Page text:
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First-Year Engineering Student Perspectives Of Google Docs For Online Collaboration

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Conference

2017 ASEE Annual Conference & Exposition

Location

Columbus, Ohio

Publication Date

June 24, 2017

Start Date

June 24, 2017

End Date

June 28, 2017

Conference Session

First-Year Programs: Wednesday Potpourri

Tagged Division

First-Year Programs

Page Count

19

DOI

10.18260/1-2--28364

Permanent URL

https://peer.asee.org/28364

Download Count

365

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Paper Authors

biography

Natasha Perova-Mello Oregon State University

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Natasha Perova-Mello is currently a Postdoctoral researcher at Oregon State University in the School of Civil and Construction engineering. She recieved Ph.D. in Engineering Education from Purdue University. She previously worked at the Harvard Graduate School of Education as a Research Assistant focusing on students’ learning algebra and also taught an introductory physics course at Suffolk University, Boston, Mass. Before that, she worked as a Graduate Research Assistant at the Center for Engineering Educational and Outreach at Tufts University, Medford, Mass. Natasha received her M.S. in mathematics, science, technology, and engineering education in 2008, M.S. in electrical engineering in 2005 from Tufts University, and B.S. in electrical engineering from Suffolk University.

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biography

Sean P. Brophy Purdue University, West Lafayette (College of Engineering)

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Dr. Sean Brophy is a learning scientist, engineering, and computer scientist who teachers design and computational modeling to first year engineering learners. His research in engineering education and the learning sciences explores how students learn through interactions with technologies. He is particularly interested in how learners construct knowledge as they engage in complex problem solving. He continues to explore new methods to support human cognition with cognitive devices.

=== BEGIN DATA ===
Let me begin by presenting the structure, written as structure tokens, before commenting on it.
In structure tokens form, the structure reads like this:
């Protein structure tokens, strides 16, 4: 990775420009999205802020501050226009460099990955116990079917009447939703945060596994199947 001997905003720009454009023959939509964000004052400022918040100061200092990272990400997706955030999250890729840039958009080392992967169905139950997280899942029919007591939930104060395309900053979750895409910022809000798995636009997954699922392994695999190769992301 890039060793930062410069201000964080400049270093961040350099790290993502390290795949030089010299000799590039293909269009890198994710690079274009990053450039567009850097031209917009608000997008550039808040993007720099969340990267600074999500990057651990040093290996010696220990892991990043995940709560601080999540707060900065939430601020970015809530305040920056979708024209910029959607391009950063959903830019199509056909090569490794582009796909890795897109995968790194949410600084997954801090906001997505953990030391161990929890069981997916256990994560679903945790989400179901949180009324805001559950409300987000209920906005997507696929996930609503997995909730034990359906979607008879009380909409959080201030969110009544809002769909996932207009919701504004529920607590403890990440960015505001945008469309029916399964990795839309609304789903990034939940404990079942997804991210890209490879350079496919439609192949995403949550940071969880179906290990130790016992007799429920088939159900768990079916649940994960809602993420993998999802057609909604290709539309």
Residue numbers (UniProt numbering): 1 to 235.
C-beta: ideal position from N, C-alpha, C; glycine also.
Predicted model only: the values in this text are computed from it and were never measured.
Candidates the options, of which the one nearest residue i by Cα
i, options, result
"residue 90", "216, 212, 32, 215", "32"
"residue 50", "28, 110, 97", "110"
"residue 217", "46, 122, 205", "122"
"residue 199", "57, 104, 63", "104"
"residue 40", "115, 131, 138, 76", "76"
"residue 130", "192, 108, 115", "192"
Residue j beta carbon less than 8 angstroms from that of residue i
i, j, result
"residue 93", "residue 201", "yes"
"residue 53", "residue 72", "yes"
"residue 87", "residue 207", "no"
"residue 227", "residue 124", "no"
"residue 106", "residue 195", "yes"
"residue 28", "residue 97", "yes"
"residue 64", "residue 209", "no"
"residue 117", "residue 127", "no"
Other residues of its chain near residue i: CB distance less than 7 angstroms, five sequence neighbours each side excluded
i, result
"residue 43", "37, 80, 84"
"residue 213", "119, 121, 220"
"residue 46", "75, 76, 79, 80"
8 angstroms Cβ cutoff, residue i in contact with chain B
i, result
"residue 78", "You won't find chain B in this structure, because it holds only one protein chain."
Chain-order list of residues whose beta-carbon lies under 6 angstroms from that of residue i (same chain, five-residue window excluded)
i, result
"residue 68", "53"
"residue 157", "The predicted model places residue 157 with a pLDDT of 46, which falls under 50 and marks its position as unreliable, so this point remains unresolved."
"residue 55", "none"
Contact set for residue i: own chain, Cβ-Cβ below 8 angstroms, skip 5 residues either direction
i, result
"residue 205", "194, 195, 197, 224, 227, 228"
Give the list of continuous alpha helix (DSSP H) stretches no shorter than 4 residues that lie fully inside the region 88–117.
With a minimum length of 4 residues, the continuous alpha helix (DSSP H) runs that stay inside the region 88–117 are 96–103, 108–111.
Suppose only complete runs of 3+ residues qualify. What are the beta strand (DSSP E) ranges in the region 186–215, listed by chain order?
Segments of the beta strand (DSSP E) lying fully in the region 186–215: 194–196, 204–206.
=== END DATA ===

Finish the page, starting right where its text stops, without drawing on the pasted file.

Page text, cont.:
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Abstract

This research study investigates how first year engineering design teams use Google Docs to manage their workflow process. Teams need to develop workflow practices that maximize each team members’ potential to collaborate effectively. Technologies can provide a means for supporting a team’s workflow with a high degree of productivity and collaboration. For example, online tools like Google docs provide multiple methods for team members to build knowledge together. Students entering today’s workforce need to experience online collaboration and work management to better prepare them for virtual engineering contexts that are becoming more prevalent in engineering professions. In this exploratory study, our guiding research questions are: (1) How do engineering student teams organize their workflow using technology, such as Google Docs and (2) What instructional support is needed to facilitate a more effective use of Google Docs? We used Google Docs because of its affordances to facilitate complex and interconnected core processes of collaborative work such as team awareness, knowledge building and knowledge management. Google Docs affordances can be used to support engineering team workflow management by providing opportunities for a higher level of interaction and interdependence among team members, by making workflow more transparent, by reflecting the rhythm of the work process and by helping teams not only manage their workflow but actually get into the flow of higher productivity and investment in the shared work. Our target audience are first year engineering students engaged in a semester long design project. The Design-Based Research (DBR) methodology was selected to address proposed research questions in a naturalistic setting. The rationale for using DBR was rooted in this method’s focus on helping “understand how, when, and why educational innovations work in practice” (Design-based Research Collective, 2003, p. 5). In this paper, we will focus on presenting results of a qualitative analysis of student responses to open-ended survey questions that were conducted during mid and end of the Spring 2016 semester at a large midwestern university. The results of this study will be used to inform engineering pedagogical practice that increase teams’ workflow processes. In addition, some results can contribute to the development of new workflow support technologies that will be focused on the needs of engineering students. This paper will be of interest to all instructors who have their students work collaboratively on projects that result in work products like a design notebook, or a final report.

Perova-Mello, N., & Brophy, S. P. (2017, June), First-Year Engineering Student Perspectives Of Google Docs For Online Collaboration Paper presented at 2017 ASEE Annual Conference & Exposition, Columbus, Ohio. 10.18260/1-2--28364

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